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Tuesday, May 18, 2021

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Am I Raising a Narcissist?

Am I Raising a Narcissist?

by Mary Follin and Kristi Crosson

THE PROBLEM: I have recently learned that one of my friends is a narcissist (as diagnosed by a clinician), so I have been doing a lot of reading about the disorder. I am discovering that my daughter demonstrates some of the characteristics of narcissism, like being unkind to other kids, talking about herself all the time, and not appearing to feel remorse when she does something wrong. One example of how mean she can be is that she didn’t want to invite a little boy in her class to her birthday party because he ‘smells funny.’ I made her invite him anyway, but I don’t think the boy had a good time, since my daughter managed to show her displeasure by hardly talking to him at all. She’s only 6, but if she does have narcissistic tendencies, I want to get on it right away.

MARY SAYS: Many therapists agree that 6 years of age is too young for a child to actually be a narcissist. In fact, a certain amount of egocentricity is healthy at this age; children need to figure out who they are and how they fit in. As parents, it’s our job to guide our innately self-centered children into grownups who naturally feel compassion and empathy toward others. You’re doing the right thing by addressing these issues now, rather than waiting until your daughter is a tween or a teen, when she could conceivably cause more harm to others.

After all, you don’t want your daughter to be the ‘mean girl.’

From what you describe, it sounds as though your daughter may be struggling with some serious issues. Does she act like she’s better than other children? Does she feel entitled to get whatever she wants? Does she expect excessive praise, regardless of her performance? Is she often jealous? Does she lack the ability to imagine what others might be feeling? If your answer to any of these questions is ‘yes,’ your daughter (and your family) may be in for a bumpy road ahead, and change will only happen if you go first.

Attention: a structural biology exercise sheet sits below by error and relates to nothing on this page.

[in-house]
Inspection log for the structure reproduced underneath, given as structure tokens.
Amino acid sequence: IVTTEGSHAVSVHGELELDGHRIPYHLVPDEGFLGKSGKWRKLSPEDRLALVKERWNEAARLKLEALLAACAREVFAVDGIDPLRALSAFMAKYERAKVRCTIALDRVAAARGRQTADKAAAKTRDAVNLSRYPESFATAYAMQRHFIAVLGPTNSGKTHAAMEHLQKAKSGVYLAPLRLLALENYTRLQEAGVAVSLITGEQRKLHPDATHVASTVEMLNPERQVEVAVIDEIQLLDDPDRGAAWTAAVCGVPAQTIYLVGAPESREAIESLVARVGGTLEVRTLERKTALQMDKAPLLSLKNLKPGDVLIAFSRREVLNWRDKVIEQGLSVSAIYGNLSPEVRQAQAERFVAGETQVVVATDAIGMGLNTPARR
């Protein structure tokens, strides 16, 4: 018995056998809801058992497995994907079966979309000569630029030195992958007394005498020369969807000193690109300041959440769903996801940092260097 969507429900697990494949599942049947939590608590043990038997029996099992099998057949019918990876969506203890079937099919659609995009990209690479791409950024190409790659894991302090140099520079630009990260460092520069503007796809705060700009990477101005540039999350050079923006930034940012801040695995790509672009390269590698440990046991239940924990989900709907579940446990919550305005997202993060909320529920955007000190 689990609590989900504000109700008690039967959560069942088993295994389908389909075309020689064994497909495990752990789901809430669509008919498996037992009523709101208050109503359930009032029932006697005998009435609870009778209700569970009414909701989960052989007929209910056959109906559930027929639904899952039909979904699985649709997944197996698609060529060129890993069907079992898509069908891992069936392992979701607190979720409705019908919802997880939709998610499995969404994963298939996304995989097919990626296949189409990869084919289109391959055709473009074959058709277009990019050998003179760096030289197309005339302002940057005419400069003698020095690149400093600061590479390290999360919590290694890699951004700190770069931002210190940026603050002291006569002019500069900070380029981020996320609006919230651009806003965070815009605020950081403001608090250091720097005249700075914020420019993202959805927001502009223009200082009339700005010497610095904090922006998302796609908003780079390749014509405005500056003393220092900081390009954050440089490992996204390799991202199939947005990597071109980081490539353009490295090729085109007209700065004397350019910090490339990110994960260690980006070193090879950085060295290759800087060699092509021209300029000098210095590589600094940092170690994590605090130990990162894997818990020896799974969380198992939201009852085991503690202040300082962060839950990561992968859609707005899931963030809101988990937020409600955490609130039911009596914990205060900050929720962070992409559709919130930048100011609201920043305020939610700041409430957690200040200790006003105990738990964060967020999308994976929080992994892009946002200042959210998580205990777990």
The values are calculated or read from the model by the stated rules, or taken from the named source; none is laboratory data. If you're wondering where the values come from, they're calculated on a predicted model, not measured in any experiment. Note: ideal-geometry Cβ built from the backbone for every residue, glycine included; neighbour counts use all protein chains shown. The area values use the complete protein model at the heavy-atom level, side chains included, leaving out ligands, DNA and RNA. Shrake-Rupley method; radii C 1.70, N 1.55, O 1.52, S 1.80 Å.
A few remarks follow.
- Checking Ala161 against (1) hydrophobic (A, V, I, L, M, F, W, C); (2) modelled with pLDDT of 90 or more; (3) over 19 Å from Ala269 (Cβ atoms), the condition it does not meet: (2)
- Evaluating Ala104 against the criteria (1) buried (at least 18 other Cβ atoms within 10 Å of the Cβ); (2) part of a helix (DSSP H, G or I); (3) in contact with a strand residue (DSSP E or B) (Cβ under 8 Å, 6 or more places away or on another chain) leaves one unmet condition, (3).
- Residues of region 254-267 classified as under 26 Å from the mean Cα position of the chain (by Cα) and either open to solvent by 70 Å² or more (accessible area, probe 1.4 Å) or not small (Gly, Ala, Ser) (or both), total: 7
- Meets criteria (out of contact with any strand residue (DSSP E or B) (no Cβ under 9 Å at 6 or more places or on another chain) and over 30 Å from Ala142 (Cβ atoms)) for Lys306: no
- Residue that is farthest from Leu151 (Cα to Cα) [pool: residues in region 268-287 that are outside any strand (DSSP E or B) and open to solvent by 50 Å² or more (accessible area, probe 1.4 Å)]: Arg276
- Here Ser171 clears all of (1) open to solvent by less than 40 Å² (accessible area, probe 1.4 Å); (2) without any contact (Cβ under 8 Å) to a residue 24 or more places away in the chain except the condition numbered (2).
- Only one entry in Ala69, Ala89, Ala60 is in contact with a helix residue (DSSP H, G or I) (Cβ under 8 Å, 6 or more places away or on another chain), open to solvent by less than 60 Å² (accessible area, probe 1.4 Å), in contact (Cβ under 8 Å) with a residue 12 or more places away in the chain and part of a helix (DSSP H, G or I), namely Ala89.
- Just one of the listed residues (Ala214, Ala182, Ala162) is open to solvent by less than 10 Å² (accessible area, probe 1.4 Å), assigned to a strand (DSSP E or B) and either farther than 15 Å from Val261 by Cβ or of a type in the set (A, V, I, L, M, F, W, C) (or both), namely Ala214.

Often times, when a child demonstrates disturbing characteristics such as these, he or she has managed to take control over the parent-child relationship. Whether your child was simply born headstrong (and you’re not), or she’s learned these behaviors from somebody else (not necessarily you), she’s figured out how to manipulate you. For whatever reason, she is getting away with behaviors that are not acceptable, and she is behaving like this with permission.

It’s time for you to step into your role as a parent and take charge. You must communicate zero-tolerance for cruel behaviors that are harmful to others. Here are a few ideas on how to start:

Be Firm. When you see your child behaving unkindly toward someone else, tell her in a clear and concise way that you insist she be sensitive to other people’s feelings, not just her own. Perhaps you’ve told her this already, but then what happened? It’s not enough to simply point it out. For example, if she won’t allow another child to join a game, pull her aside and ask her how she would feel if someone excluded her. Then ask her what she should do about it. An apology is in order, and an invitation to play should follow. If you daughter can’t (or doesn’t want to) see this, it’s time for her to go home so she can reflect on it some more.

In an ideal world, your daughter will realize what she has done, or at the very least, quietly go home with you. It’s more likely, however, that she will become angry and defensive, blaming you, the other child, anything rather than taking responsibility for what she’s done

Here’s where you need to be strong. (I am imagining this is the point where your previous efforts have come unglued.) Refuse to engage in her argument. Repeat your directive, regardless of how many times she comes back with a new defense. The responsibility is hers to be kind to everyone, period. Repeat, repeat, repeat, and don’t get sucked into an unhealthy back-and-forth.

Always remember, you are the parent.

Don’t Over-Praise. Parents often lavish excessive praise on their children, in the mistaken belief that lots of praise builds a high self-esteem. It doesn’t. Rather, too much praise creates an individual who seeks affirmation from external sources, which puts someone’s self-worth at the mercy of other people’s opinions. We’ve all known (or read about) narcissistic adults who spend every waking moment making sure other people are thinking about them, talking about them, and admiring them. What a tiresome way to live!

If you praise your daughter for every little thing she does, please stop! A parent’s praise serves one true purpose, and that is to be a role model for when and how children should eventually praise themselves—realistically, with honest feedback, and with love. Over-praising will create grandiosity in your daughter, which becomes even more insidious (and MUCH harder to let go of) when she takes over for you and starts doing it on her own.

Balance Her Relationships.  How many chores is your daughter expected to do? How often does she ask about YOUR day? Is she expected to help her siblings (if she has any), or feed, water, and walk a dog? In too many families, the singular answers to each of these is none, never, and no. In a home that is overly child-centric, the children are rock stars, and everybody else is there to admire them. While that may sound like a drag for ‘everybody else,’ it’s much worse for the child.

Children need to be needed. (Who doesn’t?) They want to learn how to diaper a baby sister, teach the family dog to do tricks, set the table. Don’t mistake “Aww, Mom, do I have to?” for not really wanting to. This is what we all say (even to ourselves), when we have to interrupt what we’re doing to do something else.